Getty Images/iStockphoto It’s making the world a shittier place. West Elm Caleb is only the most recent example. What’s worse, ghosting someone you met on a dating app or calling up that guy’s workplace and demanding he be fired for ghosting someone on a dating app? This is a question that nobody in the world should ever have to think about, but is unfortunately the kind of question that we must ask ourselves every time a random person is anointed as the internet’s main character. What I’m talking about, in this case, is a guy known as “West Elm Caleb,” a 25-year-old who works at West Elm and does not seem like a very fun person to date. On TikTok, multiple women have accused him of ghosting, sending unsolicited photos of his dick, and scheduling several dates in the same day. If you have ever been a single 25-year-old in New York City, this kind of behavior is, while certainly not great, hardly uncommon. But what happened next followed the same exact pattern as everything that has gone viral on TikTok ever. Millions of people became invested in this (niche! not very interesting!) drama because it gives us something easy to be angry or curious or self-righteous about, something to project our own experiences onto, and thereby contributing even more content to the growing avalanche. Naturally, some decided to go look up the central character’s address, phone number, and workplace and share it on the internet. @kellsbellsbaby Reply to @jalmones #greenscreen ya this man ghosted me on Saturday and I found out through tik tok :-) anyways enjoy another sad dating story from me #nyc #fyp #dating #hinge ♬ original sound - kell You do not need me to tell you that the punishment does not exactly seem to fit the crime. What started at the level of juicy group chat drama has exploded into a national conversation, bypassing all measures of scale and scope. The same has happened with other people who have been the target of such dynamics — Sabrina Prater, for instance, the trans woman who was accused of being a serial killer for posting a video of herself dancing that supposedly had “bad vibes,” or Couch Guy, whose crime was seeming unexcited to see his girlfriend enter the room in a TikTok video. “It’s on social media, so it’s public!” one could argue as a case for people’s right to act like forensic analysts on social media, and that is true. But this justification is typically valid when a) the person posting is someone of note, like a celebrity or a politician, and b) when the stakes are even a little bit high. In most cases of normal-person canceling, neither standard is met. Instead, it’s mob justice and vigilante detective work typically reserved for, say, unmasking the Zodiac killer, except weaponized against normal people. In other words, it’s cancel culture in its creepiest form. And thanks to algorithms that prioritize engagement above all else, the stuff that gets people riled up the most is what floats to the surface. West Elm Caleb is only the latest example of many to come. The case of Couch Guy Imagine: You, a college student, are about to surprise your long-distance boyfriend at his own school. You’ve choreographed the moment; your mutual friends are there to help you orchestrate and film the big reveal. You enter the room, he gets up to hug you, everyone’s smiling. You set the resulting video to an Ellie Goulding song that plays at the emotional height of the rom-com Bridget Jones’s Baby. You post it on TikTok. This is what Lauren Zarras did on September 21, although nothing that happened after would go according to plan. Almost immediately, commenters began to joke about the video’s “bad vibes.” “You can FEEL the awkward tension bro,” wrote one. @laurenzarras robbie had no idea ♬ still falling for you - audiobear Many noted that when Lauren entered the room, her boyfriend was sitting on the couch with three other girls. “Girl he ain’t loyal,” said another commenter. “He hugged her like she was his aunt at Christmas dinner.” “I’ve never seen someone look so unhappy to see their girlfriend.” As of Friday afternoon, it had 60 million views. Lauren and her boyfriend — now known internet-wide as “Couch Guy” — had fallen into a common predicament: posting something online in an attempt to garner a certain reaction, then receiving the opposite. There are all kinds of flavors of this phenomenon, from the college student who posted a clip of their newly released song only to be ridiculed for it, to the spiritual influencer whose video about coincidences and manifestation turned him into a meme. Just last week, a woman pitched a story to the Times about a perceived slight from a fellow writer, presumably under the belief that she’d come off looking sympathetic, but then ended up being Twitter’s main character (never a good thing). In an essay for Slate, Couch Guy — real name Robert McCoy — wrote that he was “the subject of frame-by-frame body language analyses, armchair diagnoses of psychopathy, comparisons to convicted murderers, and general discussions about my ‘bad vibes.’” Embarrassing moments have delighted the public throughout history. For a piece on what happens when ordinary people go viral for the wrong reasons, Melissa Dahl, author of Cringeworthy: A Theory of Awkwardness, told me that it’s natural for humans to delight in schadenfreude. “It’s our brains giving us a dose of exposure therapy,” she said. “Maybe the same thing is happening for people who are drawn to cringey content, [maybe they’re] people whose deepest fear is being ostracized or made to look like a fool.” But the way the internet has colluded to create viral moments out of normal people was perhaps pioneered a decade ago, when Rebecca Black became the epitome of the stereotype of the spoiled rich kid with a bad vanity music video. Platforms like TikTok, where even people with few or no followers often go viral overnight, expedite the shaming process. The real toxicity within this sort of discourse comes not from viewers but from the web sleuth dynamics that play out afterward. BuzzFeed called the image stills of Couch Guy seemingly grabbing his phone from the girl next to him “sus behavior,” while other creators claimed they could tell he was cheating because of a suspiciously placed arm and a black hair tie that showed up on Couch Guy’s wrist. One woman made a video warning Lauren about how the girls on the couch “are not your friends” because they didn’t immediately jump up to hug her. @thinksplendid Like are they ALL supposed to be earth signs? #couchguy ♬ still falling for you - audiobear Lauren — as well as everyone else in the video — has vehemently denied any shady behavior. “These comments are getting ridiculous and I don’t know why you guys are assuming so much about our relationship,” she said in one TikTok. Couch Guy himself made one that read: “Not everything is true crime. Don’t be a parasocial creep,” yet his comment section is still full of people saying things like, “You can gaslight your girlfriend, you can’t gaslight all of TikTok.” Couch Guy’s roommate has complained of people in their dorm sneaking messages under the door and trying to ask them about the video. “Y’all are so fucking creepy sometimes, I can’t,” he says. A scroll through Lauren’s previous TikToks shows commenters flocking to every single one, positing at what precise moment they think he “lost interest” in her and giving warnings like, “it’s like watching a soap opera and knowing who the bad guy is.” Humans love gossip and creating drama where there is none, even more so during the quieter pandemic months. There is a difference, though, between speculating on a celebrity’s dating life and a random college couple who, whether or not they end up together, insist they’re happy right now. There are real-world consequences that can get scary quickly. It’s time to leave West Elm Caleb, Couch Guy, and whatever unfortunate soul becomes the internet’s next reluctant main character, alone. Update, January 21, 3 pm ET: This story was originally published on October 12, 2021, and has been updated to include details about West Elm Caleb.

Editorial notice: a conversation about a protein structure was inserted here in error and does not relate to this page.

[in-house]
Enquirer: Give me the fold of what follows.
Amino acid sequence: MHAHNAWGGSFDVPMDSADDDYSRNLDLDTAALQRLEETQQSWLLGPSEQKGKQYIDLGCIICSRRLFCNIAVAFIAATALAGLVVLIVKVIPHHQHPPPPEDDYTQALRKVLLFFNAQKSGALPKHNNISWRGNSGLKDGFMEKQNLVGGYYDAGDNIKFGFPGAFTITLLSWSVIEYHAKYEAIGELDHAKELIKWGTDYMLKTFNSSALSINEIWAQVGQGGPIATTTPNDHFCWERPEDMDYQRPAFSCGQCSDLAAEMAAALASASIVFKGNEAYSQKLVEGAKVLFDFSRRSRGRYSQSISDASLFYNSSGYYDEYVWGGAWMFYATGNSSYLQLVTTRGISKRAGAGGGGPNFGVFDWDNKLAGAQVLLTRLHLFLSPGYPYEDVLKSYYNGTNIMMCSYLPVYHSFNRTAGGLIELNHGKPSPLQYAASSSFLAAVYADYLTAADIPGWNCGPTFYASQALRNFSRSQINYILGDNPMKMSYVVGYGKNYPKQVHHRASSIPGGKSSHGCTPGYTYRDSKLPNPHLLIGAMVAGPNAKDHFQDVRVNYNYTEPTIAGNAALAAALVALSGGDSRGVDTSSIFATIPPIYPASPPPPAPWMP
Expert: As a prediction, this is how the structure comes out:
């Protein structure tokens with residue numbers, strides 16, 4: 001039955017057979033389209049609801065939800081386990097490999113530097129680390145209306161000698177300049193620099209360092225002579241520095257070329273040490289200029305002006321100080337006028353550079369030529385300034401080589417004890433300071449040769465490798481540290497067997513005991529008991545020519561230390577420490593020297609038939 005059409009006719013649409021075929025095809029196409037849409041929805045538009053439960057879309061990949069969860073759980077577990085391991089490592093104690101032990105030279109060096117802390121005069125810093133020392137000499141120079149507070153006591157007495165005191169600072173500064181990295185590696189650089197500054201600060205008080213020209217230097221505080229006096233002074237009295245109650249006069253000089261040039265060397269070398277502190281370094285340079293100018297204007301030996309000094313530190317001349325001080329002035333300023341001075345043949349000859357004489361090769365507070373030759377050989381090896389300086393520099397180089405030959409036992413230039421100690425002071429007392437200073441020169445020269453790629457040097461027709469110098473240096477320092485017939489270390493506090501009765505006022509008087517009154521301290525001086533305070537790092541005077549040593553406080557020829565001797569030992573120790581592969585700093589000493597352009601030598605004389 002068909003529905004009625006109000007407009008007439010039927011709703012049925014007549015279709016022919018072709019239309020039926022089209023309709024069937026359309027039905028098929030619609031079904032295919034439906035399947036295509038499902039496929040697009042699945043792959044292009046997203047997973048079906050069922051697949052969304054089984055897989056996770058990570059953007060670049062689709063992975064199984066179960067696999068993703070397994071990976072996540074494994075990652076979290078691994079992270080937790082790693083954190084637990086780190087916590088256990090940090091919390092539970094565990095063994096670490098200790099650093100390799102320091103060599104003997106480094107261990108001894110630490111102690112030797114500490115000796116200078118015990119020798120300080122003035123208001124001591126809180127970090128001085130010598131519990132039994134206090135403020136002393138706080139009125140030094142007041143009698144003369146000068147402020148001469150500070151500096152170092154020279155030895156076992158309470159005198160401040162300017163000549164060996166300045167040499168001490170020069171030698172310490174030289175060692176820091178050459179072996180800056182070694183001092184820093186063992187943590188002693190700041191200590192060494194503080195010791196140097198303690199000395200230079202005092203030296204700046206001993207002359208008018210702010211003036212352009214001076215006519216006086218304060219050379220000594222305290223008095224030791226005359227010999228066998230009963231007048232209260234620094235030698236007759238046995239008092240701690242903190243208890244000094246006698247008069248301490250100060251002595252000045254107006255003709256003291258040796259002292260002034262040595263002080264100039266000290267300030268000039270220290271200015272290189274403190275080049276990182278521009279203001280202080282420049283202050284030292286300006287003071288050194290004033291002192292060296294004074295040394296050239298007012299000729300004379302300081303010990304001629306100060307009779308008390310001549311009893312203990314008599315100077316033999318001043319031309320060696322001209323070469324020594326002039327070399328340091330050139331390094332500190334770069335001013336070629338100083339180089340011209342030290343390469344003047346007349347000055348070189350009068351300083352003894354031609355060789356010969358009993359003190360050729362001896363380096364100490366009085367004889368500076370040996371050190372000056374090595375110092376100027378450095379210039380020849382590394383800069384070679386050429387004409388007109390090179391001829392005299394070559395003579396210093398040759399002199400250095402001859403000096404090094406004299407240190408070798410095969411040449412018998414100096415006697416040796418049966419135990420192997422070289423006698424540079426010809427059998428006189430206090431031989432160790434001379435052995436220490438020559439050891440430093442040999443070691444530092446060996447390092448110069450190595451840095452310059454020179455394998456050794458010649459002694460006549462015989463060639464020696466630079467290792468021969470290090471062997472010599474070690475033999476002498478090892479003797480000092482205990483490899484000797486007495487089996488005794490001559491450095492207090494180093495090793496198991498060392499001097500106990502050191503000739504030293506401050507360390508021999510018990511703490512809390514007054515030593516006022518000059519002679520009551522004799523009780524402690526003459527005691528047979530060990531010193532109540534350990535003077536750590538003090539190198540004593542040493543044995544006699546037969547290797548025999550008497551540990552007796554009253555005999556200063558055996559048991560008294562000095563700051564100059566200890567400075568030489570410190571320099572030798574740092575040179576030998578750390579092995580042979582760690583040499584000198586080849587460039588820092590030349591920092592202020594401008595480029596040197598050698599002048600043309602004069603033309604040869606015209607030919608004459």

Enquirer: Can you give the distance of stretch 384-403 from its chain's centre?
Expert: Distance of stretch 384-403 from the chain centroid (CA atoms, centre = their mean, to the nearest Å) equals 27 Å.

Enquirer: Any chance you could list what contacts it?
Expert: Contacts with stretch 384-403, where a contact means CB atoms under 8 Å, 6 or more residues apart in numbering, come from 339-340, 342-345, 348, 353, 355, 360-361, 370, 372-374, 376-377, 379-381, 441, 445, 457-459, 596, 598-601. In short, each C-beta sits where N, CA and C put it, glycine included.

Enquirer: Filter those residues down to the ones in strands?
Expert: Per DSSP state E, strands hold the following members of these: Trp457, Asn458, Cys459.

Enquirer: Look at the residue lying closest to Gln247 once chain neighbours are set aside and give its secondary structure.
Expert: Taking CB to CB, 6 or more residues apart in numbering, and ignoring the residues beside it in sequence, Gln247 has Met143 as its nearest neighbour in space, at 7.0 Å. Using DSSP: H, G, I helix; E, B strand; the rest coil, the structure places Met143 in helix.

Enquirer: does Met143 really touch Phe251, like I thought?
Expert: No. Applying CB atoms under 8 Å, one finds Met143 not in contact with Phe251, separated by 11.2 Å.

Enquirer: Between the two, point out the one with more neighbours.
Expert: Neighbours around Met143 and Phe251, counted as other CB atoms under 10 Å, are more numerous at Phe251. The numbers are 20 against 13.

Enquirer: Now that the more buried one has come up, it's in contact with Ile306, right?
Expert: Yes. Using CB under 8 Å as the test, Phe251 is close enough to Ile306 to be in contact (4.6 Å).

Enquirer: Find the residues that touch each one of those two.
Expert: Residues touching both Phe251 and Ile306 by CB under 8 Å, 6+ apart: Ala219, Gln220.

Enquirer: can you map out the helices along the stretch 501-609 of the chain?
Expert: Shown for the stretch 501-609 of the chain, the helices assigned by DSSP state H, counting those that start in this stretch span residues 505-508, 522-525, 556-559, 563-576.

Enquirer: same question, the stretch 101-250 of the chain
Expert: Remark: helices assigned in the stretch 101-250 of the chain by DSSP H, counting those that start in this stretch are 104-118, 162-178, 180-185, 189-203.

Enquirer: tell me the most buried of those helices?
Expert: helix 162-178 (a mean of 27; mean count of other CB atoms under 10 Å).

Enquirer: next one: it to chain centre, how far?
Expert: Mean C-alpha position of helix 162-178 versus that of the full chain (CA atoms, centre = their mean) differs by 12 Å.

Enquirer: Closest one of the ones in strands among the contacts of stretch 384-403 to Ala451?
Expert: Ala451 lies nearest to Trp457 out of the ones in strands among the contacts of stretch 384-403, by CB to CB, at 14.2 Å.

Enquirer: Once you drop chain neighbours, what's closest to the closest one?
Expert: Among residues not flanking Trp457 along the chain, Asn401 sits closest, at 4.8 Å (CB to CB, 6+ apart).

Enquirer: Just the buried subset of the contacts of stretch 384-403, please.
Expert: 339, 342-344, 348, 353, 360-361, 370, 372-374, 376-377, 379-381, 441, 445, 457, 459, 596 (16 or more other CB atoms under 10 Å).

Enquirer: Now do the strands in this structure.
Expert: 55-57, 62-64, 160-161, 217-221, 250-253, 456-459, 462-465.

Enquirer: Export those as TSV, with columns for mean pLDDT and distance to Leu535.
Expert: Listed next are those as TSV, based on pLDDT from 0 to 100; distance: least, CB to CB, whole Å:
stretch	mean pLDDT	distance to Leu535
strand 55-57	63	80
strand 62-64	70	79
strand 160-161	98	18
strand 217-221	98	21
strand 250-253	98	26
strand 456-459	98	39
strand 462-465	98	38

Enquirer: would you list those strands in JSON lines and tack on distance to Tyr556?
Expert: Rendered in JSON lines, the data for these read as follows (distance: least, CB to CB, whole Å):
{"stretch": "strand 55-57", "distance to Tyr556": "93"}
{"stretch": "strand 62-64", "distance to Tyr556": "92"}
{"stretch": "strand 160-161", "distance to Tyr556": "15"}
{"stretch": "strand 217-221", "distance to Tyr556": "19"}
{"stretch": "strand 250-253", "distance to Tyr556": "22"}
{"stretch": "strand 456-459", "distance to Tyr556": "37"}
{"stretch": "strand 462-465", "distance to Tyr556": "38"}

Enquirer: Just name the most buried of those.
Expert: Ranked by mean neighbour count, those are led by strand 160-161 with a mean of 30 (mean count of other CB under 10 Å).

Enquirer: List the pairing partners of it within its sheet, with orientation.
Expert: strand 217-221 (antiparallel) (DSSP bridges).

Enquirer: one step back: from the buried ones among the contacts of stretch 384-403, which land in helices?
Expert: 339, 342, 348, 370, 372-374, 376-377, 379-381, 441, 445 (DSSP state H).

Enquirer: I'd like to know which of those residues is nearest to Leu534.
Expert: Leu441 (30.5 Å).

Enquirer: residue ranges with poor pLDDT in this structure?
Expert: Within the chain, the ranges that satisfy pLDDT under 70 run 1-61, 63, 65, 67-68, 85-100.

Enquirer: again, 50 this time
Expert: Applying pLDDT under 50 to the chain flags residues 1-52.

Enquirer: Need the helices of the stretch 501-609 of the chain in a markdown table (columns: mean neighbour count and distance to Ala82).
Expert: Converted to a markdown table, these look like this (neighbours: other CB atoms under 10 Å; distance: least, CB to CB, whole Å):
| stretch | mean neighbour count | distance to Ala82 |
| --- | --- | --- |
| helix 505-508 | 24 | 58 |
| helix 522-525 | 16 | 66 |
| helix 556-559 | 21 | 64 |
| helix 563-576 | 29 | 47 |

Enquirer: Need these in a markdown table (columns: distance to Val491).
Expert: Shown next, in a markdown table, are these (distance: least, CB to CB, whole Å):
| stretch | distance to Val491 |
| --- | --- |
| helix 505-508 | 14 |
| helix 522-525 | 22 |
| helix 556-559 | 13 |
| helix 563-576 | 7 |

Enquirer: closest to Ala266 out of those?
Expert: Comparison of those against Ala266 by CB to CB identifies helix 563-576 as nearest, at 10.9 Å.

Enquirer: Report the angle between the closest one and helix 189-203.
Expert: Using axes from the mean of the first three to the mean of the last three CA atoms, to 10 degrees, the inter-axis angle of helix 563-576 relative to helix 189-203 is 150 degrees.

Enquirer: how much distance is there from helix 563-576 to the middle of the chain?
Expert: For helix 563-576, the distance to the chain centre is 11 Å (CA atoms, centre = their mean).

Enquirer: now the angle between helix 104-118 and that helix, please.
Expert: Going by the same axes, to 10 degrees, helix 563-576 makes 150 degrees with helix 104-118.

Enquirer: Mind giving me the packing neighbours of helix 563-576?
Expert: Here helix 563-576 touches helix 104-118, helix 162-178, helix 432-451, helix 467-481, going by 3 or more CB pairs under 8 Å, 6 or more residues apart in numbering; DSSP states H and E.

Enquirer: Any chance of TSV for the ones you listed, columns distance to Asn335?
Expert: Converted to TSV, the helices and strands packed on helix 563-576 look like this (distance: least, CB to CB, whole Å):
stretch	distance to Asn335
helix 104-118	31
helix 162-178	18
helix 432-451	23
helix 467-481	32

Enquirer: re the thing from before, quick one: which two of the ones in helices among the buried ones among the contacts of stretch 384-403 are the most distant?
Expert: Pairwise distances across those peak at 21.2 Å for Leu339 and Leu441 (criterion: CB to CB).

Magazines see silver lining in COVID lockdowns: More glossies launched in 2021